Powerful stories of land rescue

Landcarers have long been ‘rescuing the land’ and while doing so, telling tales tall and true. The formal Landcare movement is now over 30 years old. A new citizen storytelling website invites carers for the land to share their stories of what it’s like to tend to tired earth, conserve a stand of trees or look into a creature’s eyes as they rescue it from harm’s way. UNSW researcher Gretchen Miller reports.

The Rescue project calls for 500 word stories of restoration, protection and rehabilitation of riverbanks, tracts of bush, eroded beaches, waterways, gardens, farmland and native animals. The site gives a unique insight into Australian lives around the country, and what drives us to keep doing this work on the places we love, in the face of drought and landscape change.

“Some years the soil is kind to us, crumbling and forming easily under fingers to accommodate each tree. These years we finish by early afternoon and strut back to the cottages for wine and cheese, cocky with success.” says Kate Read from Capertee, NSW, who planted habitat for the Regent Honeyeater.

Rescue is also my UNSW PhD research project looking at the power of story telling in conveying information. A former ABC RN storyteller, I’ve learned that stories have tremendous power.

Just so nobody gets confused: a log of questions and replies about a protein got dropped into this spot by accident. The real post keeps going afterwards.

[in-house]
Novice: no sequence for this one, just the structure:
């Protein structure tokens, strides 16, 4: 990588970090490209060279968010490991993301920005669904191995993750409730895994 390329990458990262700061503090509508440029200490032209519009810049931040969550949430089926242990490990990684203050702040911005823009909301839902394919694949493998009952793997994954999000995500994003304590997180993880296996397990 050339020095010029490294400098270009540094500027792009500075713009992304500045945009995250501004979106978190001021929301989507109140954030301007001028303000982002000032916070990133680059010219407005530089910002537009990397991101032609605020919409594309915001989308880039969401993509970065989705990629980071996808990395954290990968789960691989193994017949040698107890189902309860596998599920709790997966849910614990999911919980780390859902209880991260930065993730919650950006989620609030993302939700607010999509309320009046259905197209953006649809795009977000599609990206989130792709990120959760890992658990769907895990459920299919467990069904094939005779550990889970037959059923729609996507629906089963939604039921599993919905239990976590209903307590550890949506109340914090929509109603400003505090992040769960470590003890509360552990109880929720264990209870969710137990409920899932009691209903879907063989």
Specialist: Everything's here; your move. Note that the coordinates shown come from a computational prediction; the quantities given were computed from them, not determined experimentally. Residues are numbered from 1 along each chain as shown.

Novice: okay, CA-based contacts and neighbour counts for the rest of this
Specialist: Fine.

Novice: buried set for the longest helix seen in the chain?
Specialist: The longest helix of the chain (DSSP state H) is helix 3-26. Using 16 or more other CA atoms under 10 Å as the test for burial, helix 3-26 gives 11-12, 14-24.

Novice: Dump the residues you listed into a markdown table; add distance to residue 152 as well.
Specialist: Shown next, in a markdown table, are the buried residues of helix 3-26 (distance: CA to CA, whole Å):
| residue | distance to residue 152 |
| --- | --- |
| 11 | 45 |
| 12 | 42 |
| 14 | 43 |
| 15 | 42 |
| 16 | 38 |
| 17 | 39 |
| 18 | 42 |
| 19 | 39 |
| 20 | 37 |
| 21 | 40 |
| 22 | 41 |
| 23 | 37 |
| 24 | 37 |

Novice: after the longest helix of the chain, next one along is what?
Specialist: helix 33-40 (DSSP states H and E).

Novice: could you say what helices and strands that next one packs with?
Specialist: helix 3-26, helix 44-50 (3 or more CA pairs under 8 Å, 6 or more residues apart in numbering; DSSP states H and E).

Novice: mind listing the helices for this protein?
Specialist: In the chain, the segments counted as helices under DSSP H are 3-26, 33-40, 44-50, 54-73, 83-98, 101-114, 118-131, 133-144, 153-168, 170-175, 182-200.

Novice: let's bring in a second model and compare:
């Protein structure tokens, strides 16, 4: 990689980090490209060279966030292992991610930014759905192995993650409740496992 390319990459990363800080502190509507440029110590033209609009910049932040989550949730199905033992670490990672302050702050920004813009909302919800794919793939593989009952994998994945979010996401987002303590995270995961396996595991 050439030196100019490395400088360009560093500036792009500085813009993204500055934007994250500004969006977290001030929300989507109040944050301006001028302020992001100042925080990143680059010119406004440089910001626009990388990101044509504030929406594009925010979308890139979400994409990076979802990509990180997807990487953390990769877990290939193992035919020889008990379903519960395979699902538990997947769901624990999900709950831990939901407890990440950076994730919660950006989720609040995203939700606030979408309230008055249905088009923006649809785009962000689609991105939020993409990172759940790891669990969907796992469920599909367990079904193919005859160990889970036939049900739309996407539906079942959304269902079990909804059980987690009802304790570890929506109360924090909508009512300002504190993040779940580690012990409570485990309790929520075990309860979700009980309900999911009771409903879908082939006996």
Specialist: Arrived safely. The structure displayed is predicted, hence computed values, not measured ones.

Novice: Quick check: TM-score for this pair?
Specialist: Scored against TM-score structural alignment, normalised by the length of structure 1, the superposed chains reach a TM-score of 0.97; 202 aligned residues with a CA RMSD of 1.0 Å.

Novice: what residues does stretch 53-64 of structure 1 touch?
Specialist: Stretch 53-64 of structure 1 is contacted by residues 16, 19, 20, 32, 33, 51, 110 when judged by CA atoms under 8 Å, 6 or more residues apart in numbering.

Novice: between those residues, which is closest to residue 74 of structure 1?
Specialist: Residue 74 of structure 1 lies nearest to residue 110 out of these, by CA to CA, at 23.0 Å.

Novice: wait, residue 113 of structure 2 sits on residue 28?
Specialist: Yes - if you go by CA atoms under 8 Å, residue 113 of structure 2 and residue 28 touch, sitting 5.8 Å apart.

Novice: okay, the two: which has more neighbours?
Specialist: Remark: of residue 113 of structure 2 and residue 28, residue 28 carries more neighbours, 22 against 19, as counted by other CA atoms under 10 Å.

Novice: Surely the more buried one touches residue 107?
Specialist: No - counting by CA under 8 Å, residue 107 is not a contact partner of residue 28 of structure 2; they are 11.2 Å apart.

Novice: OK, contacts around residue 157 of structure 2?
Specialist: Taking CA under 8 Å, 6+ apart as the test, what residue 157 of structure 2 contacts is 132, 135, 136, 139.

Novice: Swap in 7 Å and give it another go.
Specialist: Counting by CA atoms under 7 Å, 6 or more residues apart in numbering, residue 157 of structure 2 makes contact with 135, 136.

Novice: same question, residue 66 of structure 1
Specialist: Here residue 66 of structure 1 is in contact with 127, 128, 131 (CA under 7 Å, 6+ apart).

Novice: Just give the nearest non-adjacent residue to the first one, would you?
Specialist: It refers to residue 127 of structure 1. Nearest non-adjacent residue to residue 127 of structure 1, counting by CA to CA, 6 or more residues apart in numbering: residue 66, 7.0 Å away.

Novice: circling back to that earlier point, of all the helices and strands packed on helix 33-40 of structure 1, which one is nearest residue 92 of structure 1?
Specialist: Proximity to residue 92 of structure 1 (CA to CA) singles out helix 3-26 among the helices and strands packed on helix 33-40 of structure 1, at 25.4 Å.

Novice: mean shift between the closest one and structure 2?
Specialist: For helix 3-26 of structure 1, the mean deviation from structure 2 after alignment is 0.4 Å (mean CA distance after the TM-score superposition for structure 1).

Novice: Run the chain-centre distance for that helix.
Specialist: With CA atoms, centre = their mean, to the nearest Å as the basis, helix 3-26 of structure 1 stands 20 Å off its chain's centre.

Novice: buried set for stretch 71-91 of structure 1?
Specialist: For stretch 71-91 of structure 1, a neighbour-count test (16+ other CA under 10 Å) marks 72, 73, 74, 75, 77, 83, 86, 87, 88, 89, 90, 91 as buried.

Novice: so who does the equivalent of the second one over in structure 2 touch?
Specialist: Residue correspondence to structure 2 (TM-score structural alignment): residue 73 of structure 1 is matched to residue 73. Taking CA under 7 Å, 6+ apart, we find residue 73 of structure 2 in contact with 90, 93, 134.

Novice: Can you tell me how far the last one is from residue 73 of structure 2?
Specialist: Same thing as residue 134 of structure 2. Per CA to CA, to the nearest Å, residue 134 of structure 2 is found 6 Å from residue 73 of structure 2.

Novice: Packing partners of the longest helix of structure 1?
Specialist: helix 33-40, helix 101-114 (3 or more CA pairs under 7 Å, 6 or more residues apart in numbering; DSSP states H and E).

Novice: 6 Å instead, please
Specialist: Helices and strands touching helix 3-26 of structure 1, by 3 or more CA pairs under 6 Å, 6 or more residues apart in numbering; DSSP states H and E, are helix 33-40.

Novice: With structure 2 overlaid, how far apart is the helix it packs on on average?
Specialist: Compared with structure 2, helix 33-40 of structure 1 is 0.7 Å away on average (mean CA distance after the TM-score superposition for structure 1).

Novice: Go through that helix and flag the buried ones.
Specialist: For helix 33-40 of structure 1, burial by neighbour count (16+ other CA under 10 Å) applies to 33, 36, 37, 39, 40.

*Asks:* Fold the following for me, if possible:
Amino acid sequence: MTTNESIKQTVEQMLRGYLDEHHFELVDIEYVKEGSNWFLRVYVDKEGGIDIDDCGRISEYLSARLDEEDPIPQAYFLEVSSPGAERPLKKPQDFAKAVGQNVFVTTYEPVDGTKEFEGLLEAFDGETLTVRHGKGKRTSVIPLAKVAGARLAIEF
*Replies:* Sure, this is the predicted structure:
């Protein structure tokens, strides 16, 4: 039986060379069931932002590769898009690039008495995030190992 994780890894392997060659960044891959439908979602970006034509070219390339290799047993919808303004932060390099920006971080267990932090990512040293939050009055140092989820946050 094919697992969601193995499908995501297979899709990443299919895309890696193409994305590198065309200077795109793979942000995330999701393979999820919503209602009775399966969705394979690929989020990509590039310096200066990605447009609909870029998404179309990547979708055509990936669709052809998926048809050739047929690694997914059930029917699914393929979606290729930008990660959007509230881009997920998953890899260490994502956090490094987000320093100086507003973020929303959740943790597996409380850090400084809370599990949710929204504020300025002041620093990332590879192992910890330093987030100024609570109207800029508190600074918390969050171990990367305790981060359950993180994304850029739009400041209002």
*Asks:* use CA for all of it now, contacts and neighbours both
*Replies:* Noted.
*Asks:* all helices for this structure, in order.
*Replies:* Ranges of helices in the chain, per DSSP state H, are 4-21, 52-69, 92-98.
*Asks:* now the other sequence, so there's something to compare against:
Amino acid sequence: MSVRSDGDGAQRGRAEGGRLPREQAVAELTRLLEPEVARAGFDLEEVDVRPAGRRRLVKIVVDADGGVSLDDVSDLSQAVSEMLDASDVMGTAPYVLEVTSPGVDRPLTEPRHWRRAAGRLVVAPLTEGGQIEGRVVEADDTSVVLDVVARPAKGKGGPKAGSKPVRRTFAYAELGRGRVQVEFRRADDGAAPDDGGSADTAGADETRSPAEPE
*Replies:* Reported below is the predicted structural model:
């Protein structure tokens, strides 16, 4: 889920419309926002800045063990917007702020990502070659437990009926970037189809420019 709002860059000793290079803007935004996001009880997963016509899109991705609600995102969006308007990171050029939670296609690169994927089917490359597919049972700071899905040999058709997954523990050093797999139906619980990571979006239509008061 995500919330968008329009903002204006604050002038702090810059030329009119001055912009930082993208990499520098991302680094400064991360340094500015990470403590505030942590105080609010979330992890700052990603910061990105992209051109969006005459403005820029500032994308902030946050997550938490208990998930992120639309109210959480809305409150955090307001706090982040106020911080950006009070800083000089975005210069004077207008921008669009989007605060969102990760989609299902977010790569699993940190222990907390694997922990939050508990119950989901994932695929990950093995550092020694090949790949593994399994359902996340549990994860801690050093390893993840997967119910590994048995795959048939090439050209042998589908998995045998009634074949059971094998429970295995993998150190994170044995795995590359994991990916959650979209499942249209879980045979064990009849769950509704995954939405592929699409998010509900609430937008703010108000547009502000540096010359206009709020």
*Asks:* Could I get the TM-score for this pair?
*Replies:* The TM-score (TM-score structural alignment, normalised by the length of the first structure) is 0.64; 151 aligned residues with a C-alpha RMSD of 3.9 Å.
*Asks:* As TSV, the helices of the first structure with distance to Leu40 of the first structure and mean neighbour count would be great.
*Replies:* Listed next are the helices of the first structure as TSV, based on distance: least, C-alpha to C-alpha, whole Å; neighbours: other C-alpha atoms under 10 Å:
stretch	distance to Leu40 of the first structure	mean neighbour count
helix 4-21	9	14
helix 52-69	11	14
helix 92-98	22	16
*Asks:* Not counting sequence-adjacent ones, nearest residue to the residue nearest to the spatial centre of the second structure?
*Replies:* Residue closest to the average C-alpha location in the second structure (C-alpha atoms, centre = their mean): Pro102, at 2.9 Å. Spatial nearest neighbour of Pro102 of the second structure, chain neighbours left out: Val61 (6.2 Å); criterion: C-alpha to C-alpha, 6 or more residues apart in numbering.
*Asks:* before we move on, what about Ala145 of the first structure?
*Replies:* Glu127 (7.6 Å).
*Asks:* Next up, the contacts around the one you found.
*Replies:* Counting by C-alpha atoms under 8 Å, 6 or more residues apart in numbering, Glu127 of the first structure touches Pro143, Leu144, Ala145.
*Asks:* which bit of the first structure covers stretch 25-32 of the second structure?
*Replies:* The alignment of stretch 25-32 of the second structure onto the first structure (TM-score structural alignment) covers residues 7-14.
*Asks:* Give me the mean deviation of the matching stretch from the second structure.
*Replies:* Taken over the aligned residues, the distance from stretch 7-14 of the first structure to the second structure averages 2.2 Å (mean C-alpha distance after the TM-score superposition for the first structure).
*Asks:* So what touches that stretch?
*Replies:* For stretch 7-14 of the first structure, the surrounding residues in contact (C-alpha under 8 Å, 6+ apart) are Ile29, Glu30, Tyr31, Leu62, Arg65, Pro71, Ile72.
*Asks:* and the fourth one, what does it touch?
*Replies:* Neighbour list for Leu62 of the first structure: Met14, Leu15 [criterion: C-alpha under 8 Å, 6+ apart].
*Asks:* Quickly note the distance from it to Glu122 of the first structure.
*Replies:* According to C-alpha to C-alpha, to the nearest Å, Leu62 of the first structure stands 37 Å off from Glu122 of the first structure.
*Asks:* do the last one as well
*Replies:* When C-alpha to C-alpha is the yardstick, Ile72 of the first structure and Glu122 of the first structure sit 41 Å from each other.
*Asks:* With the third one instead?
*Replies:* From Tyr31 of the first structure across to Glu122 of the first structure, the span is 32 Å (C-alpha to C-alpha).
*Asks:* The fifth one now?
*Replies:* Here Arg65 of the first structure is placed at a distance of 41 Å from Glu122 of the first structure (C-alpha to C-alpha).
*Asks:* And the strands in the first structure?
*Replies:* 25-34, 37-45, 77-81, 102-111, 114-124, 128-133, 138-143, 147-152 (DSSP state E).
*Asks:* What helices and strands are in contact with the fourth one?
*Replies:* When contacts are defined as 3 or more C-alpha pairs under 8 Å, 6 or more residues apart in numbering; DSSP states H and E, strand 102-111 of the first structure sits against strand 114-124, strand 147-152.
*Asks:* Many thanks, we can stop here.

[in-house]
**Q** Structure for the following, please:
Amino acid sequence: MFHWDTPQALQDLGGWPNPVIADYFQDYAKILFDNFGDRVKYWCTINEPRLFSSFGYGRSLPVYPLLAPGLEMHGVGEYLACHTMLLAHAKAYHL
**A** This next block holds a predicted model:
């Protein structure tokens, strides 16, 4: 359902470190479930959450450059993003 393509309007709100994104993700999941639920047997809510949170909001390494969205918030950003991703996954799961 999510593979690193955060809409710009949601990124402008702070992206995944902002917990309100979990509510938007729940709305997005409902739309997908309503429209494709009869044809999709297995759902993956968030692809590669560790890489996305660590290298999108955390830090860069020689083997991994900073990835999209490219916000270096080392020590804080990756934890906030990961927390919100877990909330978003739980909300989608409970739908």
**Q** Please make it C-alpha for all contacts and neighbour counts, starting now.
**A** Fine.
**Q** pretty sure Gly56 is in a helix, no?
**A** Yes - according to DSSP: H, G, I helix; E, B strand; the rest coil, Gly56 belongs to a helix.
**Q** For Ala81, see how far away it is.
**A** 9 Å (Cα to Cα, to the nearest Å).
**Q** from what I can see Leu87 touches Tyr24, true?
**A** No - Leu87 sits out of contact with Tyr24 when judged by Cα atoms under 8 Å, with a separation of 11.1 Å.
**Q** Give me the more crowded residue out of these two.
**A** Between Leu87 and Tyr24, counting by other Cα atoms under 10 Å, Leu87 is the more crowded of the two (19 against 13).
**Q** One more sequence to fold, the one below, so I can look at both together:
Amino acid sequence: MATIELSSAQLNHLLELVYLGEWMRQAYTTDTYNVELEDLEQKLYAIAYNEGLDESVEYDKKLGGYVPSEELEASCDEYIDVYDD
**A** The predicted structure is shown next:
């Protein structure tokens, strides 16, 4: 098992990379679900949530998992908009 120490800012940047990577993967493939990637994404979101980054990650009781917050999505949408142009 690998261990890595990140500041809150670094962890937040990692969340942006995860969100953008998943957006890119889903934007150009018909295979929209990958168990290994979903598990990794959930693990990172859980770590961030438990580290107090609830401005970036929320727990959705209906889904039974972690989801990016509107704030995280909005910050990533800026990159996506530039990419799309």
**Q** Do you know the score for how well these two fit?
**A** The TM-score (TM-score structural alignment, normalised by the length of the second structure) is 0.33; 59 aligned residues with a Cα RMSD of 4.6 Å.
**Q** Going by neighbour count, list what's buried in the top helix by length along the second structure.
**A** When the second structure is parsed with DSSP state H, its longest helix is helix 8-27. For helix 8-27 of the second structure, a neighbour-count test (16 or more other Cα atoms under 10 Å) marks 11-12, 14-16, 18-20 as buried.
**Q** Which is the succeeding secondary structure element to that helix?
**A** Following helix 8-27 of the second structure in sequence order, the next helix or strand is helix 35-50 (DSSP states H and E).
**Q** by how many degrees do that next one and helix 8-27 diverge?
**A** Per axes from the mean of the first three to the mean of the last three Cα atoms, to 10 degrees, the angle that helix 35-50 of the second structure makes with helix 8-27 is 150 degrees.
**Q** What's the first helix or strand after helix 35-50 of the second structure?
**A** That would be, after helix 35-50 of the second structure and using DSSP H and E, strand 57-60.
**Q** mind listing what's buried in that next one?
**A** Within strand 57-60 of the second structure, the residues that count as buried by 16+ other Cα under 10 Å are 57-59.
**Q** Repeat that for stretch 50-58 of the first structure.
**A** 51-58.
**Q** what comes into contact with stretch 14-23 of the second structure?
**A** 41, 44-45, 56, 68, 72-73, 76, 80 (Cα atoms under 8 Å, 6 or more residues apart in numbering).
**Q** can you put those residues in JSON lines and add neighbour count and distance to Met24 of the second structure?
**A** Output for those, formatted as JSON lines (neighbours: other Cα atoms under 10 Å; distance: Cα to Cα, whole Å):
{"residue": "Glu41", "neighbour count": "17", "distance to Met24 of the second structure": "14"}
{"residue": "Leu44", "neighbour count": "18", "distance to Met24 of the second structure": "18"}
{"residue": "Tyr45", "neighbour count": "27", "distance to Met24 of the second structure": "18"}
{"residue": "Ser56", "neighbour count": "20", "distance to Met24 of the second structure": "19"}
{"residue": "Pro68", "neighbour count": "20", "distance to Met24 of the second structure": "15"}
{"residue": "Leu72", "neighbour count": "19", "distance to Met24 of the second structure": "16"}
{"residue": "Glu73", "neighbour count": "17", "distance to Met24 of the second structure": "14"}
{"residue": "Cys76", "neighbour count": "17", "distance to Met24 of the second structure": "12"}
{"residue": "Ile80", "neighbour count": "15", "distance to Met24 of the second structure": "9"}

The images painted by stories stick in our minds long after the words have been read or spoken. They delight, captivate, teach and inspire us – and are such a fabulous way to make a point or raise an issue.

I encourage anyone who cares about the land, or the creatures living on it, to write for the Rescue project.

“Over time the frogs became welcome at my neighbours’ on both sides, who also created spaces for them. They became the focus of our friendship for the years to come. In restoring their landscape we also discovered a place where time slowed, the beauty that comes from a healthy landscape and a sanctuary for ourselves.” writes Kate Clarke, who grew neighbourhood relationships alonside her frog sanctuary.

Feature image by Susie Sarah from her story “My Emotional Rescue”. Guest post by PhD researcher Gretchen Miller. Learn more about the project and read inspiring stories at the Rescue Project.